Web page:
Human Ecology in the Context of Urbanisation

  • Roderick J. LawrenceEmail author


There are multiple consequences of urbanization and the development of cities including irreversible changes to ecosystems and diverse impacts on human health. The multiple consequences of urban development are difficult to understand owing to the complexity, diversity, and unpredictability of urbanization. The interrelations between human groups, their habitat and different kinds of global change to the biosphere and ecosystems are complex, emergent and systemic. This chapter argues that an interdisciplinary approach based on the generic principles of human ecology can improve our understanding of the consequences of large-scale urban development for health and well-being. This knowledge should be the foundation of urban planning and building construction. The advantage of applying principles of human ecology stem from its integrated conceptual framework of the multiple relations between human groups and all the components of their natural and built environments. This integrated, systemic framework can be applied to analyse the seven fundamental constituents of cities and urban development while addressing the challenge of urban health as a global phenomenon in the twenty-first century.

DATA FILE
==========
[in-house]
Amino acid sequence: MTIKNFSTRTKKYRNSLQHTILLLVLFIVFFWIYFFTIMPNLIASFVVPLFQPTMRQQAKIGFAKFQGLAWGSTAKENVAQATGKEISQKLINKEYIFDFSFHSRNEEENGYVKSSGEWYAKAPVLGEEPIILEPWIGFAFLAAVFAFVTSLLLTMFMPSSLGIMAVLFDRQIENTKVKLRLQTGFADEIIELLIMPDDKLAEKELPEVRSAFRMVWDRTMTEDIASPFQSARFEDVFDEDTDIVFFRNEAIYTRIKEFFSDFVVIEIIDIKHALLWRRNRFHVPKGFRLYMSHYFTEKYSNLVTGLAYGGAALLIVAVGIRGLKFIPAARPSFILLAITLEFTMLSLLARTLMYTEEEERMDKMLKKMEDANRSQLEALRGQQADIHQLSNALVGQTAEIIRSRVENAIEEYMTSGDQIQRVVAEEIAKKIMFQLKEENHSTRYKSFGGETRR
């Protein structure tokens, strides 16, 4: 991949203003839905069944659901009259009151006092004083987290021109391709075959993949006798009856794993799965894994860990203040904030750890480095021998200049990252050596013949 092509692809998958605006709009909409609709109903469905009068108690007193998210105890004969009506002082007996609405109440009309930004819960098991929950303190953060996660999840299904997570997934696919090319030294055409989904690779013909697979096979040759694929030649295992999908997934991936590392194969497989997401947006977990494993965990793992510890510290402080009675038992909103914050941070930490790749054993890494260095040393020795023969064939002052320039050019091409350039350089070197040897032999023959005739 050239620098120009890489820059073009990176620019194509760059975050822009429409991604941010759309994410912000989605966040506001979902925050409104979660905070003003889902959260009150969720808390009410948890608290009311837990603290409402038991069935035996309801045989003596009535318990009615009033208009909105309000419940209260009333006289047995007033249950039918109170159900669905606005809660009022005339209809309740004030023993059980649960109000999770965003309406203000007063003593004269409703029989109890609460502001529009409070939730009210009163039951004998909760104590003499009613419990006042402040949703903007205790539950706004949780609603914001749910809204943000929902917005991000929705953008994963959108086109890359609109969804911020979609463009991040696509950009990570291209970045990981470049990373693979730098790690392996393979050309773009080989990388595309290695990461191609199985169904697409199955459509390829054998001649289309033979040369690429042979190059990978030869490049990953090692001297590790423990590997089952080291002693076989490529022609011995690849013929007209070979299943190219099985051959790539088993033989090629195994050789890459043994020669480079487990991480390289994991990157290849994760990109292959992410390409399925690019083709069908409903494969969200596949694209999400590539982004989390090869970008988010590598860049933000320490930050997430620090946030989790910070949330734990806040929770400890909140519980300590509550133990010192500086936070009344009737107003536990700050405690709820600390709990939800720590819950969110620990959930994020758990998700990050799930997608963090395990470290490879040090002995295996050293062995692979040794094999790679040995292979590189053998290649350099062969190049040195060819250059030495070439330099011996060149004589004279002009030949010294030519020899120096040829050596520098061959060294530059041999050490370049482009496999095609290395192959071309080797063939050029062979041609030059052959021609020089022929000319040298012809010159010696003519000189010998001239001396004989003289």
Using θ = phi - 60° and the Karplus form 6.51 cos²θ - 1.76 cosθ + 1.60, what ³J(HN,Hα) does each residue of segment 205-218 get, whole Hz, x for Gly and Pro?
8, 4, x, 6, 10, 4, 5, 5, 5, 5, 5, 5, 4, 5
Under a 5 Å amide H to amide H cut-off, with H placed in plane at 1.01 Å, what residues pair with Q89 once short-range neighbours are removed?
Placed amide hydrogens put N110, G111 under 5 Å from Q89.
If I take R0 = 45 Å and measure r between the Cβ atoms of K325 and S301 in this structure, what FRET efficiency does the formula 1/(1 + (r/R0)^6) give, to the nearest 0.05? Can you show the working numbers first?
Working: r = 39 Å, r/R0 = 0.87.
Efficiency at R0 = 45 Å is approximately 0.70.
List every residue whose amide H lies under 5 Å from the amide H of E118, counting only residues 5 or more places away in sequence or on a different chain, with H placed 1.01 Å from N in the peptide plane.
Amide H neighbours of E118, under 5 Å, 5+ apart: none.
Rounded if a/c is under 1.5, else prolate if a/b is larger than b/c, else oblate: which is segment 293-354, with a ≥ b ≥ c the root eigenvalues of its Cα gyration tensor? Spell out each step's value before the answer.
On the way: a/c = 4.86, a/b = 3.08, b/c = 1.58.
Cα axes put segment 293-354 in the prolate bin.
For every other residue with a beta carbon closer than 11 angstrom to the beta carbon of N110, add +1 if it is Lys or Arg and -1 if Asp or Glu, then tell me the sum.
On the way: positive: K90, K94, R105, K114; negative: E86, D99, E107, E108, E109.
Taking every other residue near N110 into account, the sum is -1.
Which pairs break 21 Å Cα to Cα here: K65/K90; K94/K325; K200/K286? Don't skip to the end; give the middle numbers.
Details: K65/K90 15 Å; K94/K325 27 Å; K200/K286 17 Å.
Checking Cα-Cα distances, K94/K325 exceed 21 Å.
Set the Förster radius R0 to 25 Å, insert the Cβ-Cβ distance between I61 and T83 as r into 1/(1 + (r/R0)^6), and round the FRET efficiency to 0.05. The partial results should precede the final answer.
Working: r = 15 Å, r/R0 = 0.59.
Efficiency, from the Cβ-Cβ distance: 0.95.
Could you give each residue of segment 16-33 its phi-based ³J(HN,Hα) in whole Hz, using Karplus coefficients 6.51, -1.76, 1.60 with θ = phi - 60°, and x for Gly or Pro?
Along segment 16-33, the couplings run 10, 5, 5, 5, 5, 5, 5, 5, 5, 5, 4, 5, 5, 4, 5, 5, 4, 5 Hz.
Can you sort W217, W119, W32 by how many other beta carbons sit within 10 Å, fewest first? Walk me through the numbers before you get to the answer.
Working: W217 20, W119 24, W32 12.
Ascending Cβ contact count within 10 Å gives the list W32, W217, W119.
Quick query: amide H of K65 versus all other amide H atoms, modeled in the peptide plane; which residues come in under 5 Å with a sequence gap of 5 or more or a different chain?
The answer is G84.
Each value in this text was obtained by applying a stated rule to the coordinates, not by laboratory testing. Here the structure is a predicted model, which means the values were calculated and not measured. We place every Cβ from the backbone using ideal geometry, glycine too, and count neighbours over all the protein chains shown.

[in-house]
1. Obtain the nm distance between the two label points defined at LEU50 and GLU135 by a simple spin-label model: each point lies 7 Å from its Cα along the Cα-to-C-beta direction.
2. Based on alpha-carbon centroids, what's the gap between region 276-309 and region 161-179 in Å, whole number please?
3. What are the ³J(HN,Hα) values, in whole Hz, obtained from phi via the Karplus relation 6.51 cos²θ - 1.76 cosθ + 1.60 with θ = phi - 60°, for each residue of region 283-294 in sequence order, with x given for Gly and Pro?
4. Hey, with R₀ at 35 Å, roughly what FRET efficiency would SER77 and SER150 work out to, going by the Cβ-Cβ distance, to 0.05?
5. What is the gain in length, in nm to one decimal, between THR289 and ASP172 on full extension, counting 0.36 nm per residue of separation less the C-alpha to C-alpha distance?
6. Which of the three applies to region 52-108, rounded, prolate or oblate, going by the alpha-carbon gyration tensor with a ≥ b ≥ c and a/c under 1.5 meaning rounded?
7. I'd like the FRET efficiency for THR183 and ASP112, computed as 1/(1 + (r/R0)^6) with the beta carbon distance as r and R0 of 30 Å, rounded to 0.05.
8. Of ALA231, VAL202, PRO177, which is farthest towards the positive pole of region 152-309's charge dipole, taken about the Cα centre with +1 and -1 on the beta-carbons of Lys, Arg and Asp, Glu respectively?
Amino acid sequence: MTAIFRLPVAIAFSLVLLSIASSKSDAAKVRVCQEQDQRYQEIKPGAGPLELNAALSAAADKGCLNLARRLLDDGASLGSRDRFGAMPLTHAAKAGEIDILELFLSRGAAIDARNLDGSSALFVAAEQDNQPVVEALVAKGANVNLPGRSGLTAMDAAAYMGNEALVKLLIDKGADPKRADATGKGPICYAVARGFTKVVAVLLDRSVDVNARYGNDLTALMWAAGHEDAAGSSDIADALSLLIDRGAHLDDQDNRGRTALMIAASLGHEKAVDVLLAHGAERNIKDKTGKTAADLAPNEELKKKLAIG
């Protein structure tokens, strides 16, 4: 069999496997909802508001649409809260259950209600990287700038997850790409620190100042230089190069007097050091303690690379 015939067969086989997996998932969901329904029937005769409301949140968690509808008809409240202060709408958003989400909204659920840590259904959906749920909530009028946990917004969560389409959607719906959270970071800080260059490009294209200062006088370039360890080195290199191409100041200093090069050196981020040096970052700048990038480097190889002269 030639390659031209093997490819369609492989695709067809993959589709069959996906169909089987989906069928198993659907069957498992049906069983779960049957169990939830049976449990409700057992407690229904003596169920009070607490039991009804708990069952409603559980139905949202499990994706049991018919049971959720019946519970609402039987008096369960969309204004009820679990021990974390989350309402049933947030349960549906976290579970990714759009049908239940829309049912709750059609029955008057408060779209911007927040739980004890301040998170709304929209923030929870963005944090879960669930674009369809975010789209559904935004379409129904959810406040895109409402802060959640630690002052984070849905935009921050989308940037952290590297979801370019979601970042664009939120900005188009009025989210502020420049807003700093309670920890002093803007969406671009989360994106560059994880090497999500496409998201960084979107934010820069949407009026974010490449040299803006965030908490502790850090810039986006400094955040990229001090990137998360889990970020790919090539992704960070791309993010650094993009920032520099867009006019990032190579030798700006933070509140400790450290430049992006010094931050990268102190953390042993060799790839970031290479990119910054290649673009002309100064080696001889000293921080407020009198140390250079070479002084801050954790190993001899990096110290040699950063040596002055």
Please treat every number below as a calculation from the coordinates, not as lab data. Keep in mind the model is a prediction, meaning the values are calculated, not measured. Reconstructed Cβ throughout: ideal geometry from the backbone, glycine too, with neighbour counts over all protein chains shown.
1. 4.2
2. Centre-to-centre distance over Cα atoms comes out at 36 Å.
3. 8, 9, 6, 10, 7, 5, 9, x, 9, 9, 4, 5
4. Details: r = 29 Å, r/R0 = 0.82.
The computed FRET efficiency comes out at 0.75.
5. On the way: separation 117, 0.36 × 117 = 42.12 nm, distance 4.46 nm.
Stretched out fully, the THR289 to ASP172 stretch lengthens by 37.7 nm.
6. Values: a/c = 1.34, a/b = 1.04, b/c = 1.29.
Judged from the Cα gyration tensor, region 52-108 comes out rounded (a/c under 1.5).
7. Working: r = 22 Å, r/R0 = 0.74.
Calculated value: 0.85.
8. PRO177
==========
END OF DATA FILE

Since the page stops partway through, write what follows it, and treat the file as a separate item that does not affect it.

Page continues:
Complexity Diversity Health Human ecology Urban ecosystems 


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Copyright information

© Springer International Publishing AG, part of Springer Nature 2019

Authors and Affiliations

  1. 1.Geneva School of Social Sciences (G3S)University of GenevaGenevaSwitzerland
  2. 2.School of Architecture and the Built Environment, Faculty of the ProfessionsUniversity of AdelaideAdelaideAustralia
  3. 3.Institute for Environment and Development (LESTARI)Universiti Kebangsaan Malaysia (UKM)BangiMalaysia

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